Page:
unimportant, 5 = extremely important). Section IV queried respondents concerning their per-
ceptions of the business impact (i.e. increased sales and net profit) as a result of internet usage
using a five-point itemized rating scale (1 = definitely untrue, 5 = definitely true). To encourage
potential respondents to participate, a summary copy of the study results was offered to all who
completed and returned the survey questionnaire.

FINDINGS AND DISCUSSION

A total of 461 responses were received, of which 395 were usable. Sixty-six firms were
excluded from the study: 50 failed to identify the size of their organization and 16 identified
theirs as a large organization (more than 250 employees). Although the response rate was
low (approximately 10%), it is similar to, or higher than, those obtained in other recent studies
focused on e-business in small firms (e.g. Thong, 1999; Pflughoeft et al., 2003; Grandon &
Pearson, 2004). Various reasons have been suggested for low response rates among this pop-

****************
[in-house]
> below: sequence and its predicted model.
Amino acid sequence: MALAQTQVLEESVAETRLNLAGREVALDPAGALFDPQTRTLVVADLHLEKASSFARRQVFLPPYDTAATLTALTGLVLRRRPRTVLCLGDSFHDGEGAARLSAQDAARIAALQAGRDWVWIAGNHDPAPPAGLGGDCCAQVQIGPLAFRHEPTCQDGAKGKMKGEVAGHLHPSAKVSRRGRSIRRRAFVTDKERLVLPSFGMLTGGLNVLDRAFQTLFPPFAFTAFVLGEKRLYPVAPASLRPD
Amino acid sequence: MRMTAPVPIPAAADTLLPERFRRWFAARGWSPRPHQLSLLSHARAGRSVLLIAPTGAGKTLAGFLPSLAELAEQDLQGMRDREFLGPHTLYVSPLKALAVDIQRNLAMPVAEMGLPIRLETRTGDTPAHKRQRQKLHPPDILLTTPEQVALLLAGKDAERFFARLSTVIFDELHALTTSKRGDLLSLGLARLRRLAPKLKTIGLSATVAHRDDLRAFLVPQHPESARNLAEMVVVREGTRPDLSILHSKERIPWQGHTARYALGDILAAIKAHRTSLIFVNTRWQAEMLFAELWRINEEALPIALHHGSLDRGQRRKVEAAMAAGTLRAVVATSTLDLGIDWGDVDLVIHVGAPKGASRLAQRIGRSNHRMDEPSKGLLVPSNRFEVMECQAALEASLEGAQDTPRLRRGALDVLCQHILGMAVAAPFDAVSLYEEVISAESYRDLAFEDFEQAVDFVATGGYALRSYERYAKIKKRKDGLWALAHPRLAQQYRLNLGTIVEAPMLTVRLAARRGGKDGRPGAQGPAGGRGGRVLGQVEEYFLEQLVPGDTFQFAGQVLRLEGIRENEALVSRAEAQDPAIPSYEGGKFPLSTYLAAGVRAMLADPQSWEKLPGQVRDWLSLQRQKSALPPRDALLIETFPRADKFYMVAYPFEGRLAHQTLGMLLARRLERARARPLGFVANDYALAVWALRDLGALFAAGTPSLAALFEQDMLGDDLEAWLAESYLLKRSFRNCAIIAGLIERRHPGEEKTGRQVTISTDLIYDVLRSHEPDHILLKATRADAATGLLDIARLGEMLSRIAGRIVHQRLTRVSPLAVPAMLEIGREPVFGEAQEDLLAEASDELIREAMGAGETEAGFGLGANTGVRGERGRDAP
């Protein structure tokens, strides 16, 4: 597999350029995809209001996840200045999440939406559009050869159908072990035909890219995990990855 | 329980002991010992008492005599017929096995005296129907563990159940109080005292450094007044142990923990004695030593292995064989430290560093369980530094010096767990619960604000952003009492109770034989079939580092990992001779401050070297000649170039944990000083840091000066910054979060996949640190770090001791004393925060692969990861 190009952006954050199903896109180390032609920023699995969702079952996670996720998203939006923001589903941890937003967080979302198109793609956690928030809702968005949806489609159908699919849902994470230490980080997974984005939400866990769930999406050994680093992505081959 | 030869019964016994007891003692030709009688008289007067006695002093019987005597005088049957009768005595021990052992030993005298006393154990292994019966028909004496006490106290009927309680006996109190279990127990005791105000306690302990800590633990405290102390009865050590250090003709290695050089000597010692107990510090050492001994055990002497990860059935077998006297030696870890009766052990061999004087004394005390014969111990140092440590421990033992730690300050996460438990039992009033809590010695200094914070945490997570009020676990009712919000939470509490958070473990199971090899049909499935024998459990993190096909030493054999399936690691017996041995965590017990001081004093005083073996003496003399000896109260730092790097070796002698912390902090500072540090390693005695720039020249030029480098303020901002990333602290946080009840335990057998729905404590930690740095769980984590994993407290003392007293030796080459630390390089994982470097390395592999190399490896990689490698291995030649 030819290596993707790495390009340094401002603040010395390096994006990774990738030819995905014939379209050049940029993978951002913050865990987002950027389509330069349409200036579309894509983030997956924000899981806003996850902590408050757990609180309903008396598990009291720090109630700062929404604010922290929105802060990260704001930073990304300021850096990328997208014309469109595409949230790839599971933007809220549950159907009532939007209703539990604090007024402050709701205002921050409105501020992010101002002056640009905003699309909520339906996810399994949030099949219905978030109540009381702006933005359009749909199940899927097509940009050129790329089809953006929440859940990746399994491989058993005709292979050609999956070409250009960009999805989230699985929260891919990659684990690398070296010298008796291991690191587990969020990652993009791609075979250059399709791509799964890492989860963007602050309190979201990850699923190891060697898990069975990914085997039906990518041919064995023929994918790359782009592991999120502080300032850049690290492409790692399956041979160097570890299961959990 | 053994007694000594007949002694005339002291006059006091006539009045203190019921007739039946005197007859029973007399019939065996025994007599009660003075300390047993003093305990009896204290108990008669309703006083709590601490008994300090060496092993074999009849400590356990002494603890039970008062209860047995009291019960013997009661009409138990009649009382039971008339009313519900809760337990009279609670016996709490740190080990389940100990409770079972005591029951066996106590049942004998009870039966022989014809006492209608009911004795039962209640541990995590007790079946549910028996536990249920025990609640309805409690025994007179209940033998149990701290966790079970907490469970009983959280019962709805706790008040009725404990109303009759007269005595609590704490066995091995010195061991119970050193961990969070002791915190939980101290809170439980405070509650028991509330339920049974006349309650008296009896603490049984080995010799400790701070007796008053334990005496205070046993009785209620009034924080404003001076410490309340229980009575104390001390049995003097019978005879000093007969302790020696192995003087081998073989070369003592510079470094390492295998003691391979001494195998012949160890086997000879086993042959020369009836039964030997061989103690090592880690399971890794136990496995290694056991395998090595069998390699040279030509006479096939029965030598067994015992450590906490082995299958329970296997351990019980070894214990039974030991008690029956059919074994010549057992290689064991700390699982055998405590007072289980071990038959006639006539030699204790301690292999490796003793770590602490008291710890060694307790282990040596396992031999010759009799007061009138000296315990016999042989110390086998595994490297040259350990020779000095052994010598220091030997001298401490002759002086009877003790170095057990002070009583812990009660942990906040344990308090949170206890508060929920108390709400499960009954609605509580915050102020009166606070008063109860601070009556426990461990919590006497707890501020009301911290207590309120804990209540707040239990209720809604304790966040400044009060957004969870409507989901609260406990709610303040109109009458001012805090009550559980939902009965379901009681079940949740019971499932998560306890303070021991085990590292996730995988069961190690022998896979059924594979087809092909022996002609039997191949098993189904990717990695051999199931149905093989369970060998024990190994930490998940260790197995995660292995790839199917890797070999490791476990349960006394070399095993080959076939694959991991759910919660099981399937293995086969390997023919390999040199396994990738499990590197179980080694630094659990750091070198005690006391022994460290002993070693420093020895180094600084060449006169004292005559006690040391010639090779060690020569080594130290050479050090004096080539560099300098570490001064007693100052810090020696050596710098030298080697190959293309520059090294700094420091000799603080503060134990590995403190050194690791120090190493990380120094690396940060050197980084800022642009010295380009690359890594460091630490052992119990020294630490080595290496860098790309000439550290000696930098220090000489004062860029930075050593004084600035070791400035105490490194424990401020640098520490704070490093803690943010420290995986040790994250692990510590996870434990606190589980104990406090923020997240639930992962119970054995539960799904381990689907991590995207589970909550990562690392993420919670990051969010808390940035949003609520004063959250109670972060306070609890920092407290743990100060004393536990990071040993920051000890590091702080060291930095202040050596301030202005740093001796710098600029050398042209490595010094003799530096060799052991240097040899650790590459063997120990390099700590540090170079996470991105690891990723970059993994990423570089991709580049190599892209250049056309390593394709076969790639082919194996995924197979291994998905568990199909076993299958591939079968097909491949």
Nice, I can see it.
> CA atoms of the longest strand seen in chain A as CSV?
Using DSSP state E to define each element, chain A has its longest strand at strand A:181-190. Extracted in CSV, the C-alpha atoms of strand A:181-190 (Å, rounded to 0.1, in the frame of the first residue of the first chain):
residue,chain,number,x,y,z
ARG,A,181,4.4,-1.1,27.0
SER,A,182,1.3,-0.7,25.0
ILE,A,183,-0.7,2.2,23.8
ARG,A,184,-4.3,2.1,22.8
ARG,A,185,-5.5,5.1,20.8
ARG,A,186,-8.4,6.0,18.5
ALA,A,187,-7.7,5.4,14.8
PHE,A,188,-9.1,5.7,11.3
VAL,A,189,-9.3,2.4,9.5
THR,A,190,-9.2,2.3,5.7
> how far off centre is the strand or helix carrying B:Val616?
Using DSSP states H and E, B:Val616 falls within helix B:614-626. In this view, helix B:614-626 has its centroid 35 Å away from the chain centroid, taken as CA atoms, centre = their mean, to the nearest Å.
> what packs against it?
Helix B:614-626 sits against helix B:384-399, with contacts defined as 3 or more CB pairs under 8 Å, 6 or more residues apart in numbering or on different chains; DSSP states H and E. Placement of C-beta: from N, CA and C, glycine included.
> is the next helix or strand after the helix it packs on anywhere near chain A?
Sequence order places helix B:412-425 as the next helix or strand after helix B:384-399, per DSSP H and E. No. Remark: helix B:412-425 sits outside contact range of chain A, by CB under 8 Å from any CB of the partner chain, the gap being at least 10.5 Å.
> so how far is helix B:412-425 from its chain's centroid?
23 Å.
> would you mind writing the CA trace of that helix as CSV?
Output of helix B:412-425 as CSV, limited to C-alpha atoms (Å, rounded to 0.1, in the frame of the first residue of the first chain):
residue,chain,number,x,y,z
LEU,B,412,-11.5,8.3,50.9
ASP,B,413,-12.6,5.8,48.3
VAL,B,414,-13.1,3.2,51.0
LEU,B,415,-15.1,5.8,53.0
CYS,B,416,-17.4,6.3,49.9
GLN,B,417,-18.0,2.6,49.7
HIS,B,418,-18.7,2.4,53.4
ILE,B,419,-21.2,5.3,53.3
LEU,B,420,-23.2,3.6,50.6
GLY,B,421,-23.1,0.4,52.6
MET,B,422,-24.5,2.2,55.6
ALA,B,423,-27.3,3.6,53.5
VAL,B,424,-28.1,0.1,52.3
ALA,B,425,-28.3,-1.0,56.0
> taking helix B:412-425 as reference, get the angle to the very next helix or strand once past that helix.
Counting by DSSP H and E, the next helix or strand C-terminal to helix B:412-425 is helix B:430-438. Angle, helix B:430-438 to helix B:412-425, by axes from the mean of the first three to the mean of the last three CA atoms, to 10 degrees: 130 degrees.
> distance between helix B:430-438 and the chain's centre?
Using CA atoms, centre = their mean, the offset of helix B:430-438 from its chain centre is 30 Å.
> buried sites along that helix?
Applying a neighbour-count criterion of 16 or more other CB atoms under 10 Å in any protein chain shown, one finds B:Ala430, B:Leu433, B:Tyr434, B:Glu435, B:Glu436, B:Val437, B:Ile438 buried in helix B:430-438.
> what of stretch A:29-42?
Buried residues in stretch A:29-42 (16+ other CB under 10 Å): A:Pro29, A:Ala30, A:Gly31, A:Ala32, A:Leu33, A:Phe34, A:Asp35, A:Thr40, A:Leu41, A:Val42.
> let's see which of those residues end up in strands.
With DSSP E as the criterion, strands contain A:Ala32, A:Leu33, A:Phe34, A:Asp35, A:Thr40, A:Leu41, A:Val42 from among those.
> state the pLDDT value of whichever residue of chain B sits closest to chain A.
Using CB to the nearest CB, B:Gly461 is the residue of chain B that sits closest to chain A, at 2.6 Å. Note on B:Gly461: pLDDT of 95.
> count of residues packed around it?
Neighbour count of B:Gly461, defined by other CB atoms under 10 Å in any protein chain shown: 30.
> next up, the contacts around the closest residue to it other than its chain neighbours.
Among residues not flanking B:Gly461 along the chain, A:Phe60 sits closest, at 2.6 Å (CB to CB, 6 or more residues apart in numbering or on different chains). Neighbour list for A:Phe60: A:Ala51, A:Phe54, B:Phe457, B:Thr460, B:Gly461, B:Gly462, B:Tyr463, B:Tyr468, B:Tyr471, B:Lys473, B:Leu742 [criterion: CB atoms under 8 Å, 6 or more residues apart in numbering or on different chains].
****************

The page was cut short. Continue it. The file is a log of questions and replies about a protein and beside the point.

ulation, including the lack of relevance of the topic to the respondent, the perception that the
time spent on completing surveys does not add value compared with other tasks, the length of
the survey instrument, and change or closure of businesses because SMEs often suffer high
mortality rates (Grandon & Pearson, 2004). Additionally, the absolute size of the sample (395)

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142 N M Levenburg & H A Klein

Table 1. Size profile of sample

Internet user Overall sample

Size of organization n Per cent within size category n Per cent

Micro enterprise (010 employees) 162 70.2 231 58.5


Small (1150 employees) 113 90.5 125 31.6
Medium (51250 employees) 36 92.3 39 9.9
Total 311 100.0 395 100.0

Table 2. Level of involvement in customer-focused business practices among small- and medium-sized enterprises

Micro Small Medium

Factor Mean SD Mean SD Mean SD

Having customer satisfaction as a major objective 4.72 0.577 4.76 0.588 4.74 0.498
Showing commitment to customers 4.68 0.641 4.72 0.634 4.72 0.456
Creating services/products that offer value to customers 4.50 0.734 4.45 0.760 4.46 0.682
Understanding customers needs 4.56 0.664 4.60 0.698 4.49 0.683
All units work together in offering value to the customers 4.13 1.113 4.37 0.882 4.10 0.718